"With Great Power: The Stan Lee Story" is available on-demand at Netflix.com, Amazon.com, iTunes, EpixHD.com and Vudu.com. Stan Lee will be attending a special screening of "With Great Power" at the Stan Lee Comikaze Expo in Los Angeles on September 15, 2012.
By Jana Spider-Woman Hulk Daredevil Wonder Woman Beast Monji
The title, "With Great Power: The Stan Lee Story," is a tip off, but if the only Uncle Ben you know is a nattily dressed black gentleman who sells conveniently packaged rice, then Stan Lee wants to invite you to his Marvel universe. This is the world where Uncle Ben adopted his orphaned nephew who would be bitten by a radioactive spider in high school. That sullen, selfish teen would soon find that the bite of karma can be transformational and he becomes a super hero with an attitude: Spider-Man.
Marie writes: As I'm sure readers are aware, the 2012 Summer Olympics in London are now underway! Meanwhile, the opening ceremony by Danny Boyle continues to solicit comments; both for against. (Click image to enlarge.)
"With great power, comes great responsibility." How many times have we superhero fans heard this line, let alone understand its implications? Do we really take to heart how much sacrifice such heroism involves, or comprehend what would be at stake? Superhero films tend to glorify ability over altruism. That is after all the main reason why we flock to the genre, to see amazing sights never seen before. But one film is special in how it focuses on the gravity of selflessness in spite of such might. And it does so not by showcasing its hero's greatness, but his ordinariness. It's Sam Raimi's "Spider-Man 2."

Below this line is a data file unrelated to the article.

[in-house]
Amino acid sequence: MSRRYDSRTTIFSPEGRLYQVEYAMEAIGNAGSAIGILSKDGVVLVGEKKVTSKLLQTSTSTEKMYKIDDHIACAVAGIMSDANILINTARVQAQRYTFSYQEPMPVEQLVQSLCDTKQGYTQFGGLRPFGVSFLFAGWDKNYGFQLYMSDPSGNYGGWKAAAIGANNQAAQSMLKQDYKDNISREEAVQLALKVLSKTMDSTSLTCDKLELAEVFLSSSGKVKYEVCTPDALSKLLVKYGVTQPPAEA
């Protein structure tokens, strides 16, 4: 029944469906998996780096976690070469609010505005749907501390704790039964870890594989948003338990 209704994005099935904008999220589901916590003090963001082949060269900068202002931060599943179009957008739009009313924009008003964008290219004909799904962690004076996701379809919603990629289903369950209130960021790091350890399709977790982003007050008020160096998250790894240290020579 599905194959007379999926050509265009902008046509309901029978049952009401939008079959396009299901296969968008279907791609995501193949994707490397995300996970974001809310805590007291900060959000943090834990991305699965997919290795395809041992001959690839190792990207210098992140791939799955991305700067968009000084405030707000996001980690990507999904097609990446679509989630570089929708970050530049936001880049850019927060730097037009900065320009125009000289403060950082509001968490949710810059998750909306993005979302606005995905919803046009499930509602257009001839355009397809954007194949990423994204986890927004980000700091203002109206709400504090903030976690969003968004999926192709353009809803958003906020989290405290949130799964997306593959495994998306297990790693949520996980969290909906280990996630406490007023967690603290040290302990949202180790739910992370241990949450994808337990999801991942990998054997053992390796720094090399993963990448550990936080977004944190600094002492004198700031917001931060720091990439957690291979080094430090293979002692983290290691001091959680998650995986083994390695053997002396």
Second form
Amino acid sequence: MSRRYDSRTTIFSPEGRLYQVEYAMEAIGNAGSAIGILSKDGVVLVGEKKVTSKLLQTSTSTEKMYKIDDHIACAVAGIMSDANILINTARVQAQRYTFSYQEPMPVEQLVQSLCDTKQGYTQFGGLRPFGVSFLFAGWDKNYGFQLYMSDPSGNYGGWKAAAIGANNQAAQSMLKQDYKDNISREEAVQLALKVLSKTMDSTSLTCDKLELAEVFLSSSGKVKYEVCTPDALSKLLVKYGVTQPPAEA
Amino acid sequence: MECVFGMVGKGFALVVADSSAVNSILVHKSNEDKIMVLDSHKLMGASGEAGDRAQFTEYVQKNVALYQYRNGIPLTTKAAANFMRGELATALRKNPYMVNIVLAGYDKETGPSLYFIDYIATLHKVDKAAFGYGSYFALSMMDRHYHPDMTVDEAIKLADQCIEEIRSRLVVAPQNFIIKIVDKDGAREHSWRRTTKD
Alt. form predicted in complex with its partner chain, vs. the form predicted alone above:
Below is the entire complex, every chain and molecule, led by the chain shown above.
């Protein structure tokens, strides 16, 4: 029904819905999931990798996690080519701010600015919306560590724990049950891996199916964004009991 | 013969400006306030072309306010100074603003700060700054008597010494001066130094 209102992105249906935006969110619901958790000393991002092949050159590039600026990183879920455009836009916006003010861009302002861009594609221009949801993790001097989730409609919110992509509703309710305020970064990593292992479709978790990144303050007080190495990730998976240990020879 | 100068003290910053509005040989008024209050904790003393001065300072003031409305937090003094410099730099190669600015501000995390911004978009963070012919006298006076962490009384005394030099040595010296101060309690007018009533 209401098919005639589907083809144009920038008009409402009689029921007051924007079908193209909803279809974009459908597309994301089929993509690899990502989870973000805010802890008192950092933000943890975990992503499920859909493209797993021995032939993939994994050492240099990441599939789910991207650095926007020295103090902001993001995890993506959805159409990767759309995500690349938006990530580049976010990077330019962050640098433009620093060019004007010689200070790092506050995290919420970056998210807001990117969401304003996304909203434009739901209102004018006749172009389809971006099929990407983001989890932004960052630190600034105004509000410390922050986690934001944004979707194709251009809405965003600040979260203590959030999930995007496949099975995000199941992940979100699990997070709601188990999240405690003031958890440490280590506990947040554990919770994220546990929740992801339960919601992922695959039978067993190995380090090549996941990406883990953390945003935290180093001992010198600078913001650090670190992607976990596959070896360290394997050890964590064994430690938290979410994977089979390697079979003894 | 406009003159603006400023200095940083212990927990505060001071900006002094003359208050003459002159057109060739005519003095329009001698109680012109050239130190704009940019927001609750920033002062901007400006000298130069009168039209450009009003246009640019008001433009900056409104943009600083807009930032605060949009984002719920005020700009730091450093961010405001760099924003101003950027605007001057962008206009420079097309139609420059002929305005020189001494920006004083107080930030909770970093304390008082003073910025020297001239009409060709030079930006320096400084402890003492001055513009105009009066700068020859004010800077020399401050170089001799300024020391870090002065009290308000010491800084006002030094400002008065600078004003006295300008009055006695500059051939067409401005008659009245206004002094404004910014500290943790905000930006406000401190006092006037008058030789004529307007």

Marie writes: Recently, a fellow artist and friend sent me the following photos featuring amazing glass mosaics. She didn't know who the artists were however - and which set me off on a journey to find out! I confess, the stairs currently continue to thwart me and thus remain a mystery, but I did uncover who created the "glass bottle doorway" and was surprised to learn both its location and the inspiration behind it. (click image.)